Starvation suppresses cell proliferation that rebounds after refeeding in the midgut of the American cockroach, Periplaneta americana
Park, M.Soo.; Takeda, M.
Journal of insect physiology 54(2): 386-392
ISSN/ISBN: 0022-1910 PMID: 18067918 DOI: 10.1016/j.jinsphys.2007.10.011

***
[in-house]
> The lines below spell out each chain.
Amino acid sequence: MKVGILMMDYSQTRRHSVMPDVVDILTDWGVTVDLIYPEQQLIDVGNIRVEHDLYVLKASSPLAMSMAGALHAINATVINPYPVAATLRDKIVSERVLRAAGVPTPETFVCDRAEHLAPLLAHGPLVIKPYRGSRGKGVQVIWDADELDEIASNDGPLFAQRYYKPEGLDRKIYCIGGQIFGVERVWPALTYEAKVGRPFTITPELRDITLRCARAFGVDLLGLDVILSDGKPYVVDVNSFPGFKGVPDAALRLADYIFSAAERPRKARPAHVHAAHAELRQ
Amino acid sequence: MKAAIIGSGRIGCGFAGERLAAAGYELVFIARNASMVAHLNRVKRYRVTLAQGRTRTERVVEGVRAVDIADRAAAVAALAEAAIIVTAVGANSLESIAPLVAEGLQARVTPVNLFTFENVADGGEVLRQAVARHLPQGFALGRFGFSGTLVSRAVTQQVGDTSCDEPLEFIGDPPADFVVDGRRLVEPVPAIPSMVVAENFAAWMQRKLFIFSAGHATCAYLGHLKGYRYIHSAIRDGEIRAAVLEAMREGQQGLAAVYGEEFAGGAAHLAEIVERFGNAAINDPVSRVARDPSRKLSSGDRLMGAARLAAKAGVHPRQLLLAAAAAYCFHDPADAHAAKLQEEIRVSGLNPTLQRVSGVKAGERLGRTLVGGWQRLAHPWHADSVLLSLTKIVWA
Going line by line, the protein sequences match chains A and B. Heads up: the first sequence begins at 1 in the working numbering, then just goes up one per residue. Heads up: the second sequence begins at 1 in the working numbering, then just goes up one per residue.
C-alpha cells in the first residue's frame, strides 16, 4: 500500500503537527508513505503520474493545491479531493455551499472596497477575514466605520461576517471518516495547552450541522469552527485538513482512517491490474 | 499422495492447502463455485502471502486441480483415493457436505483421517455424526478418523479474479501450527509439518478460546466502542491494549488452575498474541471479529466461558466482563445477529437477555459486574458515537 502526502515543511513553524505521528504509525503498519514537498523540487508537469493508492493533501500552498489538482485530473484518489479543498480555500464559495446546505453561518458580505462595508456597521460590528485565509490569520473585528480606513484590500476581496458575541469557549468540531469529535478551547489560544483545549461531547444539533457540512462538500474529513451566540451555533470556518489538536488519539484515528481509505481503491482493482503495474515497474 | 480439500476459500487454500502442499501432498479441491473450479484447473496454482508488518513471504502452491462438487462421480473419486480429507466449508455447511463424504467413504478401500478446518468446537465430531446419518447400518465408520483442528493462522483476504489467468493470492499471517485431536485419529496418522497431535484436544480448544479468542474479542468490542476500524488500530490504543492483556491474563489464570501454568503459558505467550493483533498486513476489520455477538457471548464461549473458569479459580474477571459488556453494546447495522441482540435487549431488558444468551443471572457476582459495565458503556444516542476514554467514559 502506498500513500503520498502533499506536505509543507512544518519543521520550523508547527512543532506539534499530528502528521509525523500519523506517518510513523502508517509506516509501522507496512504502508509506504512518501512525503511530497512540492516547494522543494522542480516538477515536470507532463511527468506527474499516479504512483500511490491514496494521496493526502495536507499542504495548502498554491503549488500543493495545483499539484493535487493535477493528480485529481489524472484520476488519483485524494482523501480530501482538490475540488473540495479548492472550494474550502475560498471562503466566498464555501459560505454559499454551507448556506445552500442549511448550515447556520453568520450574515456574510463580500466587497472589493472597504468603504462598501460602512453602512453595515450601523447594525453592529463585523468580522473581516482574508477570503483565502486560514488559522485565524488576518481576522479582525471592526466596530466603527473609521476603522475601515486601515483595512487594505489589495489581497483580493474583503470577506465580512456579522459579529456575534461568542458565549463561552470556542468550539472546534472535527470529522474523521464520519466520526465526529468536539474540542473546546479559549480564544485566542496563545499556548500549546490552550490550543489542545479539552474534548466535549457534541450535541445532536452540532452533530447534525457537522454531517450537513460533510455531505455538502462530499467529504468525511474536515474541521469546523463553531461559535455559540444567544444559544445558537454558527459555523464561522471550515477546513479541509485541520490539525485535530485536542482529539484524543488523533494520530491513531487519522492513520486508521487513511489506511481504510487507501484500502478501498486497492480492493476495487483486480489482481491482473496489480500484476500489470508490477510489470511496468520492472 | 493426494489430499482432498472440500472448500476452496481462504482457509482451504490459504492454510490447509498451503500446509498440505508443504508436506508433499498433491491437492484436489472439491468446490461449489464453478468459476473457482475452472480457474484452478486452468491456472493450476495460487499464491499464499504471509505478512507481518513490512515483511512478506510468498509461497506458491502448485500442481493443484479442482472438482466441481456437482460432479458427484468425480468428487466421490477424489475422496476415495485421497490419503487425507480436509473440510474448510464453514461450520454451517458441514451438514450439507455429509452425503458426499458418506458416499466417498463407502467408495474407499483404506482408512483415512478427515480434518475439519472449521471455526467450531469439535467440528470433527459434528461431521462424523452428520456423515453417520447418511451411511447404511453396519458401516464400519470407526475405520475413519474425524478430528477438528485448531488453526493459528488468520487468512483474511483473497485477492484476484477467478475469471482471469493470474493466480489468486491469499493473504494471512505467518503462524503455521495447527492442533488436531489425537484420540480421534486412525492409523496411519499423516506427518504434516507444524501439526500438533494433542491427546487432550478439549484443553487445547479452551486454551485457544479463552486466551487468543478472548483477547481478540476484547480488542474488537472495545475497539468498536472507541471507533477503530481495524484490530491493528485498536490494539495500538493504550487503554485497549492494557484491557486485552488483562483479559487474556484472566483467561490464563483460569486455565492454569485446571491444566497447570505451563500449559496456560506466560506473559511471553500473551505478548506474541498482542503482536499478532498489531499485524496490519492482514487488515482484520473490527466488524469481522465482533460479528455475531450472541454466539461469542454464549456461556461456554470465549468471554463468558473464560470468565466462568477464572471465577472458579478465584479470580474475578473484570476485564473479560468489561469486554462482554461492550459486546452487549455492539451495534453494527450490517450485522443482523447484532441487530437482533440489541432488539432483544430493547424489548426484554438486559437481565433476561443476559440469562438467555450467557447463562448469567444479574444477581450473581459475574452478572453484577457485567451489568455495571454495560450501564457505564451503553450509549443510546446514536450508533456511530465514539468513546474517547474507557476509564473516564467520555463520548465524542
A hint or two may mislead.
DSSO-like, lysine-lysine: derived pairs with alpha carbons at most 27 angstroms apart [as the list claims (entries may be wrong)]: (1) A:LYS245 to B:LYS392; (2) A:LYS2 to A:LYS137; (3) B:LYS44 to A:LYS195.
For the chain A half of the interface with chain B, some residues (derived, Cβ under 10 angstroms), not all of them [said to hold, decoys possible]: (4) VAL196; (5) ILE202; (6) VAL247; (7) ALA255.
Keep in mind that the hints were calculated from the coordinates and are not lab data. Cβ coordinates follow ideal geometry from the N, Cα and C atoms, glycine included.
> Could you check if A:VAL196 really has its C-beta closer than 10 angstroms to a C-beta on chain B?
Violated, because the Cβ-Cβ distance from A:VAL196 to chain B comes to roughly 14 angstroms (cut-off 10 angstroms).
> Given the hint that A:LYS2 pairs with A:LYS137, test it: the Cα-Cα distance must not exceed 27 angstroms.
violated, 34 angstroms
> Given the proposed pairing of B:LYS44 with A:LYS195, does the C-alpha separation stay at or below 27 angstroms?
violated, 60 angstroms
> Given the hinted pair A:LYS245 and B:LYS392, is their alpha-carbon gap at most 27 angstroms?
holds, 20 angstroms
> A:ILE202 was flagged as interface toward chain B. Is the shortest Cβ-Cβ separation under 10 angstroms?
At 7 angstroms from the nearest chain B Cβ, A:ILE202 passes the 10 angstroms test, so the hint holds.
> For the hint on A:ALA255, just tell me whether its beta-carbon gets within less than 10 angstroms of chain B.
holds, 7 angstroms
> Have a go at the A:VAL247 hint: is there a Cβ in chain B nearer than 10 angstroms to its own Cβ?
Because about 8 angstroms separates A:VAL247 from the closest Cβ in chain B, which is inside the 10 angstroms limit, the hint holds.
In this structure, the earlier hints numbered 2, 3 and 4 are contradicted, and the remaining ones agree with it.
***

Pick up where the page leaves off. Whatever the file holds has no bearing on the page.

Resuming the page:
Starvation affects behavior, development, metabolism, reproduction, and longevity in almost all animals including insects. In the American cockroach, Periplaneta americana, we investigated the effect of starvation on organ size and cell proliferation activity of the midgut, over a period of one month, using anti-bromodeoxyuridine (BrdU), and anti-phospho-histone H3 antibodies. Under starvation conditions, the midgut became clear and fragile while its length and diameter were reduced. Both the rate of BrdU-uptake in the nucleus and the mitotic activity shown by anti-phospho-histone H3 antibody decreased under long starvation up to half that of the continuously fed control. Refeeding restored BrdU-uptake and mitosis that overshot the fed control. When casein, starch, or cooking oil was fed as representative nutrient sources to the starved cockroaches, all restored BrdU-uptake, but non-nutrient, talc, did not. This study supports the hypothesis that P. americana has a homeostatic mechanism to regulate the cell population of the midgut epithelium according to changes in the nutritional environment.